Moreno-Dickinson decided to group together 30 autoinflammatory diseases under 1 umbrella because she felt that it was inflammation that was doing the damage. “If we focus on the MOA (mechanism of action) we can help thousands and thousands of people.”
Her older son, Aidan, also suffers from chronic pain so severe that he sometimes needs to use a walker. “People have dropped the ball on him,” she says. “No one has diagnosed him yet. But with the CAID cure, he will be helped.”
“The hardest thing is that you are heroes to these kids. To look at their faces, knowing that they feel no hope and doctors can’t help them or just drop the ball, it just breaks their hearts and mine. I had a song that a rap/hip hop star made for the kids called Fly for CAID that talks about the reality of what families go through. It’s not your ‘wheels on the bus’ kind of song. One of the mothers told me that when her child heard it she said, ‘They finally get it.’”
Working with Cleveland Clinic
The partnership with Cleveland Clinic came about because Moreno-Dickinson told Dr. Spaulding that she wanted to create a ‘home’ for autoinflammatory diseases and he introduced her to financial directors at the clinic. Now they have the first evaluation center for CAID, but that’s just the first step. “I’m talking to investors because I want the actual brick-and-mortar building.”
“I wanted to give back to Cleveland Clinic because they didn’t drop the ball and also because I needed a ‘home’ that could also help adults when the children became 18 years of age. The money I raise goes there and to Georgetown, which does research for the CURE on autoinflammatory diseases. The 2 processes I’m focused on are the cure and the home.”
Giving New Meaning to the Term ‘Empowered Patient’
Moreno-Dickinson isn’t just empowered. She’s super-empowered, something even her sons have noticed about her. “One day when we were at the hospital, the nurses were like, ‘Are you a doctor?’ and the boys said, ‘well kinda.’ The 1 thing my boys know is I won’t give up. They know what I am doing and why. The families, my boys, and the children can live without worrying because I am a woman of my word and working with doctors who will get us there—we will see a CURE.”
When asked if she had a medical background, she said, “Actually, a lot of my expertise is just common sense based on science and the knowledge I’ve gained through my own reading and research. When the nurse was checking us in 1 time, I noticed that I had an asterisk by my name. I asked her what it meant and the nurse said it means, ‘Very educated mom.’ I smiled knowing that was their warning…all jokes aside I am grateful when doctors and nurses want to take time to educate themselves. These are RARE Diseases and autoinflammatory diseases are relatively new since about 1999.”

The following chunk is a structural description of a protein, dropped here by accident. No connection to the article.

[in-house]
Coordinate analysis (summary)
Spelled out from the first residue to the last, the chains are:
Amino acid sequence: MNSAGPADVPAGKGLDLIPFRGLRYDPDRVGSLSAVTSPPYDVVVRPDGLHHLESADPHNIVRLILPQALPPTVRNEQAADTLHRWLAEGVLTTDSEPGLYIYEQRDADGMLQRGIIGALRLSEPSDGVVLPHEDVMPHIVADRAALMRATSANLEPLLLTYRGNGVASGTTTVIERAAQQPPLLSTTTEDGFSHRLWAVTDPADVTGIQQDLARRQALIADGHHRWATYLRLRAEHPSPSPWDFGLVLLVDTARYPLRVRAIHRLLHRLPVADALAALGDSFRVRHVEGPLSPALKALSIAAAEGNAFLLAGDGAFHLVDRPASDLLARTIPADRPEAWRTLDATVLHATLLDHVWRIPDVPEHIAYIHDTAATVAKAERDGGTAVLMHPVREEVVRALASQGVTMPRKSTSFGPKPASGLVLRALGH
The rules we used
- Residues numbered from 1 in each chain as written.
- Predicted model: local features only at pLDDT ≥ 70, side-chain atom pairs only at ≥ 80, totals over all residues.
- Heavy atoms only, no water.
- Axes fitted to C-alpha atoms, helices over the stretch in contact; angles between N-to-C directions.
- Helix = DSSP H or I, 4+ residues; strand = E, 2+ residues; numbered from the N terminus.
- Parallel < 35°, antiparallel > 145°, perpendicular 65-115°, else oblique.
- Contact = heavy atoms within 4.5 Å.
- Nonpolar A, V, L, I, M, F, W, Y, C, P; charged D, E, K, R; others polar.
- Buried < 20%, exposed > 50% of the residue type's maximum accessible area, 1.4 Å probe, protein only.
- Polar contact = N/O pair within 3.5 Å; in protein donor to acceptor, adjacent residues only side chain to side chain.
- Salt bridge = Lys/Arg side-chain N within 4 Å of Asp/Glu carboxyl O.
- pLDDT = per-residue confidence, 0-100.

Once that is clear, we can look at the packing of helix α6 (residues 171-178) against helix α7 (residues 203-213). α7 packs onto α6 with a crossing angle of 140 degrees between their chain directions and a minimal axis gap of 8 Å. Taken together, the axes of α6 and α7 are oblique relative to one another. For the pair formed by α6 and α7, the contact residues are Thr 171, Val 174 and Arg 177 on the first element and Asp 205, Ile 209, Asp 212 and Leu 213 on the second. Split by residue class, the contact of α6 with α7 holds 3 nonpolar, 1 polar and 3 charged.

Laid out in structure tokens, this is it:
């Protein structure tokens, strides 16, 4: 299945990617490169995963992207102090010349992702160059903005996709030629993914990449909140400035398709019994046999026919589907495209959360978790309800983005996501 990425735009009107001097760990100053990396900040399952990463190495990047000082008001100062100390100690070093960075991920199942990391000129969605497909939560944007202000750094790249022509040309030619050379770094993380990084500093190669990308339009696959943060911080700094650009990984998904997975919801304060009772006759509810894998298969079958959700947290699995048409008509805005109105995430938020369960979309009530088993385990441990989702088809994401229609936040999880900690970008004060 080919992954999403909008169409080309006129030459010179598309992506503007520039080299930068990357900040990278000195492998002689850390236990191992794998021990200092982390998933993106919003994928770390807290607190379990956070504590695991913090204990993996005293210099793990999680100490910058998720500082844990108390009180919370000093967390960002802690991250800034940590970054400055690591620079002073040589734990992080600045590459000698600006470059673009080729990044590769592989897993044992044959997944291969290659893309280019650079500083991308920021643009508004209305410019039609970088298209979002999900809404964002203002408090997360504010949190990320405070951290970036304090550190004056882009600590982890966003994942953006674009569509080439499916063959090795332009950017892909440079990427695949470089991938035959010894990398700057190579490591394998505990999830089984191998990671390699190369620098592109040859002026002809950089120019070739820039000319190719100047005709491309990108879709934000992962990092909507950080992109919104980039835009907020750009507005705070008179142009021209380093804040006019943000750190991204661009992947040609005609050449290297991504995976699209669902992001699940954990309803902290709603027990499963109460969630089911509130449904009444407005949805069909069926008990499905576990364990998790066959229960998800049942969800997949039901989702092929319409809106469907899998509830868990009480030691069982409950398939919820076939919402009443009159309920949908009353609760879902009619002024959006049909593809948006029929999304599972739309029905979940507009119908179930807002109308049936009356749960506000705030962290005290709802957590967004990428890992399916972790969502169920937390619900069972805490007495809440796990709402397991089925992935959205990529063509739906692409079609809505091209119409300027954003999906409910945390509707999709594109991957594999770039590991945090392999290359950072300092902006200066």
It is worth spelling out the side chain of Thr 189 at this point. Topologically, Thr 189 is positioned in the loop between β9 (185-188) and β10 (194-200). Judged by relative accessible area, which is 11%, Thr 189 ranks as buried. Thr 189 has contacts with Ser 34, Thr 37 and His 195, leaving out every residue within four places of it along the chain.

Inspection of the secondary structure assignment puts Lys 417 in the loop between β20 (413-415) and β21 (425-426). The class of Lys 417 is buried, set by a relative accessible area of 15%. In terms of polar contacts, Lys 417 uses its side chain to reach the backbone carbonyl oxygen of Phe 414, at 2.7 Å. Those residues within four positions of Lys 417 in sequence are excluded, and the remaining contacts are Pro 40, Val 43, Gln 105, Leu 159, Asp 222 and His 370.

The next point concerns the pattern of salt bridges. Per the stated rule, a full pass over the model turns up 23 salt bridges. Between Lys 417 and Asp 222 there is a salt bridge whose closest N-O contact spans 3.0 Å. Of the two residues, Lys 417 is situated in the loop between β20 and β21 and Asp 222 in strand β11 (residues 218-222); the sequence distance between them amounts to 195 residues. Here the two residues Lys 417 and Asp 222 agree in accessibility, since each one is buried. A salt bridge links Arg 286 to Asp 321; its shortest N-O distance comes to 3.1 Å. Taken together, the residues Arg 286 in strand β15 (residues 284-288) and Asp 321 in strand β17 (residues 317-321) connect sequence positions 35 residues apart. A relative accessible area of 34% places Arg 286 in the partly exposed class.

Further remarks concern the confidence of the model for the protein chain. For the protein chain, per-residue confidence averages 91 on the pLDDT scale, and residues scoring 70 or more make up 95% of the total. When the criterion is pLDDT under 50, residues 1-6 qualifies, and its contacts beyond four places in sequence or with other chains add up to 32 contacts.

“I have such respect for doctors but I also feel that having your degree just allows you to have a foundation of knowledge. Medicine changes daily. If you can’t think outside the box it’s going to hinder your ability to help the rare disease community.”
Getting Back to Work
The 1 thing Moreno-Dickinson is not about to do is rest on her laurels. She was notified recently that she would be receiving the ‘Heroes Among Us’ community award from the Philadelphia 76ers at a Monday night game. “On Sunday both boys were admitted to the hospital. After they were discharged I took them home, got Brody settled by 2 in the morning, took the trash out and went to bed.”
She is also not going to let the rare diseases her sons have, or her own chronic pain, keep them from enjoying all of the good things in life. “We get up, we dance, and we live. I am one of the most optimistic people you will ever know.”
- 15 November 2013 at 2:11pm
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[...] with rare disorder communities, I’ve met many inspiring caregivers. The most recent example is Lisa Moreno-Dickinson. We interviewed her ...